Dr. In Ku Kim-Marshall

Head of the Division of Korean Studies

Department of East Asian Languages and Cultures

Georgetown University


Autobiographical Sketch:

I was born in Seoul, Korea and I studied German Language and Literature at Seoul National University. After my graduation, I worked as an assistant professor at the Language Research Institute of Seoul National University.

In 1967, I went to Germany in order to study further. I gained my Ph.D. summa cum laude from the University of Hamburg, in Germany. My major was Comparative Education and my minors were German Language and Literature, and Linguistics. During this period I began to research cultural anthropology and history to understand the roots of human cultural heritage and the development of world history. At this time, I developed a deep interest in Korean language, culture, and history.

After my Ph.D. in 1974, I was a research fellow for two years at the UNESCO Institute for Education in Hamburg and was co-author of a book on curriculum for German secondary schools. I also began to teach at Luneburg Teachers College, a position I held for ten years. From 1979, I taught Korean language and culture at the Department of Asian Studies at Bochum University in Germany. While I was teaching, I helped  to compile a Korean language textbook for students.

Since moving from Germany to America in 1986, I have focused on developing  Korean teaching materials and researching teaching methods for Korean as a foreign language.

In 1991, I began to teach Korean at the New Hope Academy, a private school, where Korean is taught as a foreign language from kindergarten to high School. While I was teaching there, I developed many teaching materials for young learners, especially hands-on materials based on Montessori theory. I also wrote a book, “Korean Alphabet  Book for Young Learners.”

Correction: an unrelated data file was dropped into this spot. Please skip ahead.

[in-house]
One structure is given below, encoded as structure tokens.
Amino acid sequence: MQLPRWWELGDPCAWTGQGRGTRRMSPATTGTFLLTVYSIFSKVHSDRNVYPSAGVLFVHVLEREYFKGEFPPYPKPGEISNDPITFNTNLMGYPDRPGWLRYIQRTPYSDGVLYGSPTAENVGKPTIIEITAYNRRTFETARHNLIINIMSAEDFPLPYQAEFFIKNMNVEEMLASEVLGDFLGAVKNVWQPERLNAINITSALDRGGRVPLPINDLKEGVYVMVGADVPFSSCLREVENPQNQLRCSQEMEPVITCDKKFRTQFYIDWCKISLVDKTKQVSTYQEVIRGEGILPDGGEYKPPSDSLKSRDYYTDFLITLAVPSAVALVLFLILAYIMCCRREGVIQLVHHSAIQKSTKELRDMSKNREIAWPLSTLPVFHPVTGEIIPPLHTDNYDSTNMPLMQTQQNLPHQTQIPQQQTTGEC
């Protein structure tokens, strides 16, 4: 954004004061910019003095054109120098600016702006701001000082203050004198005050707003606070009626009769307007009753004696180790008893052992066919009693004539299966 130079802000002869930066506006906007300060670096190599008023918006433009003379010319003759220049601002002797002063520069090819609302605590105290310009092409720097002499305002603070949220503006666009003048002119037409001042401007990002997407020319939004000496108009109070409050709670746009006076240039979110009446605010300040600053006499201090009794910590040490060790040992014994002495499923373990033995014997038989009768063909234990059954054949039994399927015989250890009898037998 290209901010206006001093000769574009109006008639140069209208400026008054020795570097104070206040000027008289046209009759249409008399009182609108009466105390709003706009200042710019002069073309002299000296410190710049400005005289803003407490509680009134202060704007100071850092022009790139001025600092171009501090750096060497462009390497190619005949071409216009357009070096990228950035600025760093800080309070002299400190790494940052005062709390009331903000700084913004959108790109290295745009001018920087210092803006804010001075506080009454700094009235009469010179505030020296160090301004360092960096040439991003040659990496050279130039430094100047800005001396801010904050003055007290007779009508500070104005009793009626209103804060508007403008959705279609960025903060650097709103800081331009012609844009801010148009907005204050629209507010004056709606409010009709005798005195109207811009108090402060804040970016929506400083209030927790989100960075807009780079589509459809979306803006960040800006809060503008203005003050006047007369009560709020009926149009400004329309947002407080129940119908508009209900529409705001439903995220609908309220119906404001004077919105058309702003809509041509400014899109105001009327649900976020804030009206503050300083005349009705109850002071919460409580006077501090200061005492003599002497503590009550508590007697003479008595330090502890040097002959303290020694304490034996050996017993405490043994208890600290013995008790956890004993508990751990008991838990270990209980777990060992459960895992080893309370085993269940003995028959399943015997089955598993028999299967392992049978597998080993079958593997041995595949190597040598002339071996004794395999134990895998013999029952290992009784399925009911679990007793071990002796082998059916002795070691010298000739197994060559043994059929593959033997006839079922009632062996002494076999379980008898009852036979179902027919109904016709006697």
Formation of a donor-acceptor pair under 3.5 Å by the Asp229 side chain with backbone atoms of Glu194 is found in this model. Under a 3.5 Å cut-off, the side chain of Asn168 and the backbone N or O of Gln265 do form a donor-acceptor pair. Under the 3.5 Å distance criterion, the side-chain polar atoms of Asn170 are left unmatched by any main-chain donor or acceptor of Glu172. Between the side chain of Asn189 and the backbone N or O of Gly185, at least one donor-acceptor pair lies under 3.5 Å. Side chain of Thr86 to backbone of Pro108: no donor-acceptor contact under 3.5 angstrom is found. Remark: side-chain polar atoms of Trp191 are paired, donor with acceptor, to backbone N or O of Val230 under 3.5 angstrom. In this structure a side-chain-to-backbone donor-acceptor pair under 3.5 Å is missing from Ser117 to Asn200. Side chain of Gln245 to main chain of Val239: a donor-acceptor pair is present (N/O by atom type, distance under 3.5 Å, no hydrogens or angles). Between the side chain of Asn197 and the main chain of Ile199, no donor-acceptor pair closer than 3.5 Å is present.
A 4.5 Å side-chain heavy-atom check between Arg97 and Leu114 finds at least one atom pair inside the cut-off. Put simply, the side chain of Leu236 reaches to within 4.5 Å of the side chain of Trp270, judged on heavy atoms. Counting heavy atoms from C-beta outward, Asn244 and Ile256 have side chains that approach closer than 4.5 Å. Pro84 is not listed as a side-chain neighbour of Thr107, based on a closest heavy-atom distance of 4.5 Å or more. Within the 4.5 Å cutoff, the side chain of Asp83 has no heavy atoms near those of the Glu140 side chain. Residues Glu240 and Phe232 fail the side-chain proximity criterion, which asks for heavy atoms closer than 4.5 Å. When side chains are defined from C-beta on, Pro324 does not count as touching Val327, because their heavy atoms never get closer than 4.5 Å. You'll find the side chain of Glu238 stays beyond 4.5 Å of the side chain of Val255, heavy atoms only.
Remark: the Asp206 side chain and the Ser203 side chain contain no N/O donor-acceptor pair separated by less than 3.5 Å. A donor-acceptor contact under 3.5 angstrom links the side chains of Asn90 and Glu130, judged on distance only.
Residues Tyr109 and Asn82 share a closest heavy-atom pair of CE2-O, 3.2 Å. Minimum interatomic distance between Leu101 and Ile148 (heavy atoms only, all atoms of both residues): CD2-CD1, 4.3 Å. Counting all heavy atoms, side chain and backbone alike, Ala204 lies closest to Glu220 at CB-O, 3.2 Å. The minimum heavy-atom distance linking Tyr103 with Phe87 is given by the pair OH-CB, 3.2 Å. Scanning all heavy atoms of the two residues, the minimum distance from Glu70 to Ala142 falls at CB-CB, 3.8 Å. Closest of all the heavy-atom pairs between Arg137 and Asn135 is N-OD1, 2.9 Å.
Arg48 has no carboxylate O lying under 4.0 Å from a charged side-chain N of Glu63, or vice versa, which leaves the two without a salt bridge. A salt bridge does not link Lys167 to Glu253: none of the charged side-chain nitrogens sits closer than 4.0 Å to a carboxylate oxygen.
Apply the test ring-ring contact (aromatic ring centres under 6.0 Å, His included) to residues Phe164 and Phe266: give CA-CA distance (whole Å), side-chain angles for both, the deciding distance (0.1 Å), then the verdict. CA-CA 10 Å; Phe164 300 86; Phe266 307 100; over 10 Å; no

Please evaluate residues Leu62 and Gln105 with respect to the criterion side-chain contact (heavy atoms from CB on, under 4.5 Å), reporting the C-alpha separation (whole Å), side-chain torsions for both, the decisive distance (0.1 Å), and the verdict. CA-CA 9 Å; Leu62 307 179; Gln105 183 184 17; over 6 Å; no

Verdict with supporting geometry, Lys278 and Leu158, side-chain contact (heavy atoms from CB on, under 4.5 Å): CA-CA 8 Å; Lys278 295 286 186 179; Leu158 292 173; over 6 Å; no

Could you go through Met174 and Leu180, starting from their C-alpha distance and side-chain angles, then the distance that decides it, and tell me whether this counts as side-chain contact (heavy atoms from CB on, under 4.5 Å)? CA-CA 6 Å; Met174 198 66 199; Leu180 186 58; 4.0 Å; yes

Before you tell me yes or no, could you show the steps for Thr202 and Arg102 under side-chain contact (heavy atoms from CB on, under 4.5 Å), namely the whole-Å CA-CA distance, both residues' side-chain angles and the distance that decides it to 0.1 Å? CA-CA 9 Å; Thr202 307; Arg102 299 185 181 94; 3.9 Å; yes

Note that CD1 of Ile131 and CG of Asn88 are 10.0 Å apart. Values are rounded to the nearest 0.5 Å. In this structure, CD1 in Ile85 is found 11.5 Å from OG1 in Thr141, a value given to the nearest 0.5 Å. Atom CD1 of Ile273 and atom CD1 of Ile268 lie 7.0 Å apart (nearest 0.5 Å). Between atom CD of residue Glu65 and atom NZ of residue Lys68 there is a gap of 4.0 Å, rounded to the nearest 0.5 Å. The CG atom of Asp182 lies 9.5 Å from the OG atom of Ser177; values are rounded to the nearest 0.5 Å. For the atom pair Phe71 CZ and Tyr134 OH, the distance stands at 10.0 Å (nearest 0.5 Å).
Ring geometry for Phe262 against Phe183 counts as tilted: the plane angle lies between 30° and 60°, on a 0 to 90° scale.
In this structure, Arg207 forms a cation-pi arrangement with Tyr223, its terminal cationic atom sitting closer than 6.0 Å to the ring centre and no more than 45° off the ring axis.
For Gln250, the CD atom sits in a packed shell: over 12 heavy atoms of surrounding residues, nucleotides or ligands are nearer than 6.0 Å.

In 1995, I established a Korean program at the Korean Cultural Center of the Korean Embassy in Washington, DC and developed a Korean language curriculum for Levels I - III. I taught there until 2004. Since 1994, I have been teaching Korean language and culture at Georgetown University. While teaching at Georgetown, I have written two Korean language textbooks for non-Korean learners, “Step By Step Korean 1” and “Step By Step Korean 2.” I have also written reading books, “Once Upon a Time In Korea …” for elementary readers and “Cultural Readings from Folk Tales, Legends, and History” for intermediate readers to present Korean culture to non-Korean learners. I also have several ongoing projects that I am working on: Step By Step Korean 3 through 15 Verbs; Korean Culture Seen through the Korean Alphabet; Introduction to Korean Classic Literature; Basic Korean Textbook for Young Learners I and II.


Selected publications:

  1. Korean language curriculum for Levels I - III. (Prepared 1996-1998 for the Korea Society and the Korean Cultural Center at the Korean embassy.)
  2. Montessori language teaching methods for Korean: Theory and its adaptation.
  3. The Korean Alphabet: A Picture Book for Young Children.
  4. Once Upon a Time in Korea: An Elementary Reader.
  5. Cultural Readings from Folktales, Legends, and History: An Intermediate Korean Reader.
  6. Step By Step Korean 1 Through 15 action Verbs
  7. Step By Step Korean 2 Through 15 action Verbs
  8. Hands-on Korean teaching materials for young children.
  9. Korean teaching materials for secondary school, especially for listening comprehension and speaking.


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